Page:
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February 8, 2011

Microfilm will abide

There's still a place for microfilm. The work I did will still be in the archives of the Walters Art Museum in five hundred years, about four hundred fifty years after the last of the lousy digital "archives" have all faded or become corrupt. In five hundred years, you'll need a computer whiz to recover that data. As to mine—you just need a magnifying glass—but that's the victory of the salesman, selling ease and convenience with enough sunshine to drown the down-sides in a glossy glare of this-is-how-we-do-things-now. -- No Tool is Gone, Under the Sun | MetaFilter

Posted by Vanderleun at February 8, 2011 11:27 PM. This is an entry on the sideblog of American Digest: Check it out.

Your Say

Rubbish. The films will have crumbled into dust long before 500 years have passed. Of course as the price of silver goes up, the incentive to sell the film to recyclers goes up.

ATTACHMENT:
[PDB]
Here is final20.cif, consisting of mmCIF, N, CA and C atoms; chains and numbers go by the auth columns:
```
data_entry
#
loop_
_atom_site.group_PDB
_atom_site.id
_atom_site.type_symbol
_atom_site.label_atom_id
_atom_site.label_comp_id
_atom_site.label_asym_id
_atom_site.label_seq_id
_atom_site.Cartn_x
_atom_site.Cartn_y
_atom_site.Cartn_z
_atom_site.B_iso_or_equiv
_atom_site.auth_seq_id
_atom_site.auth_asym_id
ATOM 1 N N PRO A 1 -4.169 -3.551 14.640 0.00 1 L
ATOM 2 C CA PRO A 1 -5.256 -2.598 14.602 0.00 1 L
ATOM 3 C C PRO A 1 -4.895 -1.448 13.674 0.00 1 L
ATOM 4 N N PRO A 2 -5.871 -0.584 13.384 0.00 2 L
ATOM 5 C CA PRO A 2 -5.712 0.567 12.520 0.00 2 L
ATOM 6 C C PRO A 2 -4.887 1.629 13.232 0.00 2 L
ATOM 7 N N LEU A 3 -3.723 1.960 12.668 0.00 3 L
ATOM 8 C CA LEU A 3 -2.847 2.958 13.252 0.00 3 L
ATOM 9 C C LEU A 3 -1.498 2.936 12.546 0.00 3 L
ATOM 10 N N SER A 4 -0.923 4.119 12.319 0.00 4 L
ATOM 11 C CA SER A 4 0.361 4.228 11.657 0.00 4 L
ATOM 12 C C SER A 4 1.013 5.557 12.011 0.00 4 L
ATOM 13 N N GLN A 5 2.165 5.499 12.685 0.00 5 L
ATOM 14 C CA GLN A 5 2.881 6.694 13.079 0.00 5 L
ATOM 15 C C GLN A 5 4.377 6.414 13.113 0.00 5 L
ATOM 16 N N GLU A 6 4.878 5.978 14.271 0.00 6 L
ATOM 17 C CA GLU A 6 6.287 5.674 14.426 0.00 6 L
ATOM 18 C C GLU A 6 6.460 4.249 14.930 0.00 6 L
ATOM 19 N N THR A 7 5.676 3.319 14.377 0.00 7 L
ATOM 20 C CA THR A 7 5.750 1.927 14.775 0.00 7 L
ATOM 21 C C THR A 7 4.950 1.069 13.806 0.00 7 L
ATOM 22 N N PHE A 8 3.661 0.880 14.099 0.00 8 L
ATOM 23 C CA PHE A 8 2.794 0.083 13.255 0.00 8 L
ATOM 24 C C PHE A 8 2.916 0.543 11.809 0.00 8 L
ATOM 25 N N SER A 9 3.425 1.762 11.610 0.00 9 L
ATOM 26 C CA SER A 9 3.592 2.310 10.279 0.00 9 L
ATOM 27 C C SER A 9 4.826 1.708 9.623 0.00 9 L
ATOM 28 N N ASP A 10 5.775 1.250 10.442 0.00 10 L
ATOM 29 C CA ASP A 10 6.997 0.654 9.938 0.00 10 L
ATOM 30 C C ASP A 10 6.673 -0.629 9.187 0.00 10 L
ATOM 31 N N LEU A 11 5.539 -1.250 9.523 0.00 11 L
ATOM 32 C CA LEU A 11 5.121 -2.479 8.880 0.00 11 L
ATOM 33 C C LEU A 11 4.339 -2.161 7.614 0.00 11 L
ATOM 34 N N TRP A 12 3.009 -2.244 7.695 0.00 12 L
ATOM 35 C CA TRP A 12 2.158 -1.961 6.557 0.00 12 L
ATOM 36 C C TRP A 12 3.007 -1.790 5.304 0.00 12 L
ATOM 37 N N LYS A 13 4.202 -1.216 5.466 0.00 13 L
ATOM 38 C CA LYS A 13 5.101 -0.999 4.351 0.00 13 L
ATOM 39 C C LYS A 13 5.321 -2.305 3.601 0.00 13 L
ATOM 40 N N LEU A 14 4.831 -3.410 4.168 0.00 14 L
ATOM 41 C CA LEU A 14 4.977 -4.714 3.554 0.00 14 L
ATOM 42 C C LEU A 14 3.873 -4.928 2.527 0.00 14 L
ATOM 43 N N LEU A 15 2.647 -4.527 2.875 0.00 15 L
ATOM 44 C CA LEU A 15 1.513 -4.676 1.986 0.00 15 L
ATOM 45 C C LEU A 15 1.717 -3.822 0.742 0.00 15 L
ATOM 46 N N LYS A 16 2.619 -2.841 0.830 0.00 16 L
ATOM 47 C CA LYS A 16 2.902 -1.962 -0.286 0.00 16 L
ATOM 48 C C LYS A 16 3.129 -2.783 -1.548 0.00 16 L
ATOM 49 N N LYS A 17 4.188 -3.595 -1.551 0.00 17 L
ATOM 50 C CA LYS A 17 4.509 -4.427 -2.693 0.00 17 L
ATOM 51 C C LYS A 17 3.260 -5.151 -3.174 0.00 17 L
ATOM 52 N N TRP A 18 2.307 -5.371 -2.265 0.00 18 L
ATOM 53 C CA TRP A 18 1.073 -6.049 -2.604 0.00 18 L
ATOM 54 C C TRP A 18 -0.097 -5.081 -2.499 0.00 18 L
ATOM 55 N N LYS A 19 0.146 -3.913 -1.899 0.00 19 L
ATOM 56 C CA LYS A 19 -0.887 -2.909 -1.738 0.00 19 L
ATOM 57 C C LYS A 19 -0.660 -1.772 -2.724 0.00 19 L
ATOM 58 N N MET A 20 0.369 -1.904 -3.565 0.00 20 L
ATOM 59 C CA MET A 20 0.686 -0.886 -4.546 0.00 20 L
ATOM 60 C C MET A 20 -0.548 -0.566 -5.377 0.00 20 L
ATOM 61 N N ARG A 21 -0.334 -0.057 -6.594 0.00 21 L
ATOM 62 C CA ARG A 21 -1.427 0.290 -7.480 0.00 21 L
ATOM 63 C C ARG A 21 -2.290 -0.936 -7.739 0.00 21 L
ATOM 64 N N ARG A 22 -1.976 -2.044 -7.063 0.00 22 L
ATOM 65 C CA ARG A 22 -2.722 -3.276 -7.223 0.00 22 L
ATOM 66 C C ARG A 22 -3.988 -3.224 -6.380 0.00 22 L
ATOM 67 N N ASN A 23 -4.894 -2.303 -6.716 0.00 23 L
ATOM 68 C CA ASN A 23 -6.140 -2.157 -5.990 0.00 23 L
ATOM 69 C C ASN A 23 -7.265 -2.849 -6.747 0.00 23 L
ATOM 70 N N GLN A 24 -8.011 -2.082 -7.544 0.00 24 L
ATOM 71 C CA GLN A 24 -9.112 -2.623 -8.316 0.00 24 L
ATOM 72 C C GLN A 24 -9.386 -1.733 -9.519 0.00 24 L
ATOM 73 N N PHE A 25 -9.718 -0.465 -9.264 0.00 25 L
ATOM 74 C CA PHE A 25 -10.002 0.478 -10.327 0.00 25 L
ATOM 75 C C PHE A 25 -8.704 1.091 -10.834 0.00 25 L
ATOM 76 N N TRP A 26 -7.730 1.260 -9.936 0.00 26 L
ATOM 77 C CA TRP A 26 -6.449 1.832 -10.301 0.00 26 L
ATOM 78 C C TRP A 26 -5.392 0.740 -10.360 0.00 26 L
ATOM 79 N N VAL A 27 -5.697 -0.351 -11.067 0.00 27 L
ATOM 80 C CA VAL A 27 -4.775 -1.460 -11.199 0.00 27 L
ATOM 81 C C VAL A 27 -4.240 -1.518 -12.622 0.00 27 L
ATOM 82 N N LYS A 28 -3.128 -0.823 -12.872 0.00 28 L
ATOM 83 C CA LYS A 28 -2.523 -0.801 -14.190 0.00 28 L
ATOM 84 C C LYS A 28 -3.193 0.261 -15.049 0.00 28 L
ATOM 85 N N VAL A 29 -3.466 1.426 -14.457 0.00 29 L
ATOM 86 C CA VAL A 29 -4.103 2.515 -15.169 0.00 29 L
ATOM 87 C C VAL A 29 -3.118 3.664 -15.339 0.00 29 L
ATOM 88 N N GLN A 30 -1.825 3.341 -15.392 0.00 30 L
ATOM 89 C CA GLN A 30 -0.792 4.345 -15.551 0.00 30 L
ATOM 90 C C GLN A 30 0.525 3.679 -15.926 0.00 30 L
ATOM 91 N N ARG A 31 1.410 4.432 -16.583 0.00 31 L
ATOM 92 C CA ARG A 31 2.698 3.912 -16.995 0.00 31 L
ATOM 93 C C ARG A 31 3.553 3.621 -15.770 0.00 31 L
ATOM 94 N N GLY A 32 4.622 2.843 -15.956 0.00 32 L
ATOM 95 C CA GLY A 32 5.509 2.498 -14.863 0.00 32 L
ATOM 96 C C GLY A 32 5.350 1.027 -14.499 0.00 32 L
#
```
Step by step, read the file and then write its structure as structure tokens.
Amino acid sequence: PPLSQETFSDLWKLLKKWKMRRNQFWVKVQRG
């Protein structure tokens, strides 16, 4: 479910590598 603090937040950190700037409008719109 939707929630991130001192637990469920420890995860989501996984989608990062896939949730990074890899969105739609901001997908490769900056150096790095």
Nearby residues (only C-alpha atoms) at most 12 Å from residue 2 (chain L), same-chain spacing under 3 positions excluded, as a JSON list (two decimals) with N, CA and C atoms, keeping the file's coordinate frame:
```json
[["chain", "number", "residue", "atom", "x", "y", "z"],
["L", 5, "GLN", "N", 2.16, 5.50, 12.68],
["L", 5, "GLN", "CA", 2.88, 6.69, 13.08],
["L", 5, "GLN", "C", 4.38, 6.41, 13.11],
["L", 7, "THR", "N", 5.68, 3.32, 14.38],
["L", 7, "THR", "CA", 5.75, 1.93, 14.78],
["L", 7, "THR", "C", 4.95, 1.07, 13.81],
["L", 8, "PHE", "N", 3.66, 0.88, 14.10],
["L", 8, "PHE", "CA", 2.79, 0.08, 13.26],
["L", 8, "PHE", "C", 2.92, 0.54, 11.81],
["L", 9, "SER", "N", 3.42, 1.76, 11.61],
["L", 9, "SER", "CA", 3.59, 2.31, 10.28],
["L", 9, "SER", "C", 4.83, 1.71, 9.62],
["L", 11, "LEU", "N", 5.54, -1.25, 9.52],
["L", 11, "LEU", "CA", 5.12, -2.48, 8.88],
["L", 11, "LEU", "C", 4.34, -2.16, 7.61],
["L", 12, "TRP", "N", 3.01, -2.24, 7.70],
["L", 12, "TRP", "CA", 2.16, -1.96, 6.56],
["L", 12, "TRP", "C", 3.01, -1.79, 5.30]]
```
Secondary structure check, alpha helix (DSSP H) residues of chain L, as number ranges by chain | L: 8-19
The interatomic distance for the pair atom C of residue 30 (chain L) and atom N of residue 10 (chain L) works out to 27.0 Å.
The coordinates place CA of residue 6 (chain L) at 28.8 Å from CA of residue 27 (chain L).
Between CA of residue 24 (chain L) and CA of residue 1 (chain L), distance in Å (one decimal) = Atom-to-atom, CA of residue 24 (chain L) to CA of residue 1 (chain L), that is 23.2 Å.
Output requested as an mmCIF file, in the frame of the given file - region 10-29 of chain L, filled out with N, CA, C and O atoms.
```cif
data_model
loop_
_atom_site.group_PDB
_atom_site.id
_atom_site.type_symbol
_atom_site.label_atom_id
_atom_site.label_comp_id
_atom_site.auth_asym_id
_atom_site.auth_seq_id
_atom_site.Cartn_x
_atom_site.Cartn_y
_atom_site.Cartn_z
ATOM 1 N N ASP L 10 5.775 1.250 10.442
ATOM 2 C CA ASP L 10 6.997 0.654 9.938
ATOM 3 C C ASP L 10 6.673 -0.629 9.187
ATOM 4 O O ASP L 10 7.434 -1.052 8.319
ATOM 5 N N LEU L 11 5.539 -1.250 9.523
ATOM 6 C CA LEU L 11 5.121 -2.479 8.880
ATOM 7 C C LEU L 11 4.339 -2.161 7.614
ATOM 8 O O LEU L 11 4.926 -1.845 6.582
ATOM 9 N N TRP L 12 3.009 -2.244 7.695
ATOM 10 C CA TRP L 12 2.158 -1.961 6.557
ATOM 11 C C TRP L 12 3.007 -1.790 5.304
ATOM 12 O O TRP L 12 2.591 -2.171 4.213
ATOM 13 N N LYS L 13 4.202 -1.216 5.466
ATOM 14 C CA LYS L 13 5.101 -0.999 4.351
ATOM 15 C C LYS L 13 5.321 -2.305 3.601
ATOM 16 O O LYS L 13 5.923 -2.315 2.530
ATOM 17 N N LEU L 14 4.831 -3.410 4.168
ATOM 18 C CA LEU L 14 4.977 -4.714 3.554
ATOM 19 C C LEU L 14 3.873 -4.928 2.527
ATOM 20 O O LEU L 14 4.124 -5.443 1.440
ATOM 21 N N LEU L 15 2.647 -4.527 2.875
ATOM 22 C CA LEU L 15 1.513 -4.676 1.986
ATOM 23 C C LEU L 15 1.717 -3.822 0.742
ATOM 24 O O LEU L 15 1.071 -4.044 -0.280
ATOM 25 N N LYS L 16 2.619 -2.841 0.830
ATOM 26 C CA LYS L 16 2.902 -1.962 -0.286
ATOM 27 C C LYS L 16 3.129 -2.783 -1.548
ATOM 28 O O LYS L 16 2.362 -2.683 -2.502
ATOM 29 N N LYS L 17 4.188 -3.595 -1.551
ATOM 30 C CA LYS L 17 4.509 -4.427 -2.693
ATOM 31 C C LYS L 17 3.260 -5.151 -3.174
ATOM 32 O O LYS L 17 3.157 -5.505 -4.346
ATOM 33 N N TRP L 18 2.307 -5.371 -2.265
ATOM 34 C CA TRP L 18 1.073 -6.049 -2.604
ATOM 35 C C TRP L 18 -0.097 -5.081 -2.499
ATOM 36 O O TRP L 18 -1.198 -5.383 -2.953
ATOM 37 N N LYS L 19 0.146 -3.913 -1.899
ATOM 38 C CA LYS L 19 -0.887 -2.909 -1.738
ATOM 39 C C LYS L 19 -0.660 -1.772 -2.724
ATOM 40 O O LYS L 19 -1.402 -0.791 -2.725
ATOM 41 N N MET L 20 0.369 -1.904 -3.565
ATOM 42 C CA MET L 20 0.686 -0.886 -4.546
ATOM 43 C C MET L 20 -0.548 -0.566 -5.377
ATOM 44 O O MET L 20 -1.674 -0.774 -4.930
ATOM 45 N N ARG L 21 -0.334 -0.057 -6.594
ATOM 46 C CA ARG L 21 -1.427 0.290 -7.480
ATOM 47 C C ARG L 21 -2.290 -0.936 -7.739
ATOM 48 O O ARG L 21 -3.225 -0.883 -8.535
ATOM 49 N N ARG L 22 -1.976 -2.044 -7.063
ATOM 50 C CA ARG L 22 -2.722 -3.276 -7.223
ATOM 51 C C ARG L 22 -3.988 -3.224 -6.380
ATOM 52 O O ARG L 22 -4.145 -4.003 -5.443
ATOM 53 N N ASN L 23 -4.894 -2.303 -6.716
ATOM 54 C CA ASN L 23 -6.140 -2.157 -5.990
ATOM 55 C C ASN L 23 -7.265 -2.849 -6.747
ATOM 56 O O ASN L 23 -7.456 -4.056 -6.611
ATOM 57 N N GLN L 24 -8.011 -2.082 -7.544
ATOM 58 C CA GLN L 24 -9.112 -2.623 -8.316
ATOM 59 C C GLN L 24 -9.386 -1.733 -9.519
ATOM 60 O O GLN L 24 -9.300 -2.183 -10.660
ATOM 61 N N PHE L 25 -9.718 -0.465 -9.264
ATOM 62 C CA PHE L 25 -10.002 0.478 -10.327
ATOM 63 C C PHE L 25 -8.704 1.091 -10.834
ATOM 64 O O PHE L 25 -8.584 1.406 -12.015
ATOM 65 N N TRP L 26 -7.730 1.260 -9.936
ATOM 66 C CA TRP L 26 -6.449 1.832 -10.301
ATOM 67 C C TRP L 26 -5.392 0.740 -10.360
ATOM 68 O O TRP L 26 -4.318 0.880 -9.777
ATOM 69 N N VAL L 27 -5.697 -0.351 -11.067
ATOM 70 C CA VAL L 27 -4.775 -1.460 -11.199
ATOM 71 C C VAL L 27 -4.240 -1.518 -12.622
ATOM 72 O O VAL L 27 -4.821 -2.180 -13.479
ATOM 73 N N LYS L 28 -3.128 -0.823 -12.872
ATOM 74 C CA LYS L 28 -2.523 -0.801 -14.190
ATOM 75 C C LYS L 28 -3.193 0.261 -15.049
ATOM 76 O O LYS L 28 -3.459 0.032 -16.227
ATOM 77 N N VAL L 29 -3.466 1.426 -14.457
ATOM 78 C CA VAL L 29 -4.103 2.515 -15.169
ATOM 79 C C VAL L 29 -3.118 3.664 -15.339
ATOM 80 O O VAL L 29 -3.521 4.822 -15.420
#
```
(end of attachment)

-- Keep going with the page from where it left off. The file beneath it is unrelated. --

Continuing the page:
Posted by: Fat Man at February 9, 2011 9:34 AM

Papyrus or carving it out on a slab of clay. Take yer pick. All else decomposes far too fast for the level of archival you want.

DNA code is even better in that department, with some codons being the same for over a billion years. But only because they got copied over and over again. Not to be counted on in the case of Obamageddon.

"Look at it this way: in a hundred years, who's gonna care?" - Sarah Connor's friend in The Terminator.

Posted by: Fearless Ferenc at February 9, 2011 6:24 PM

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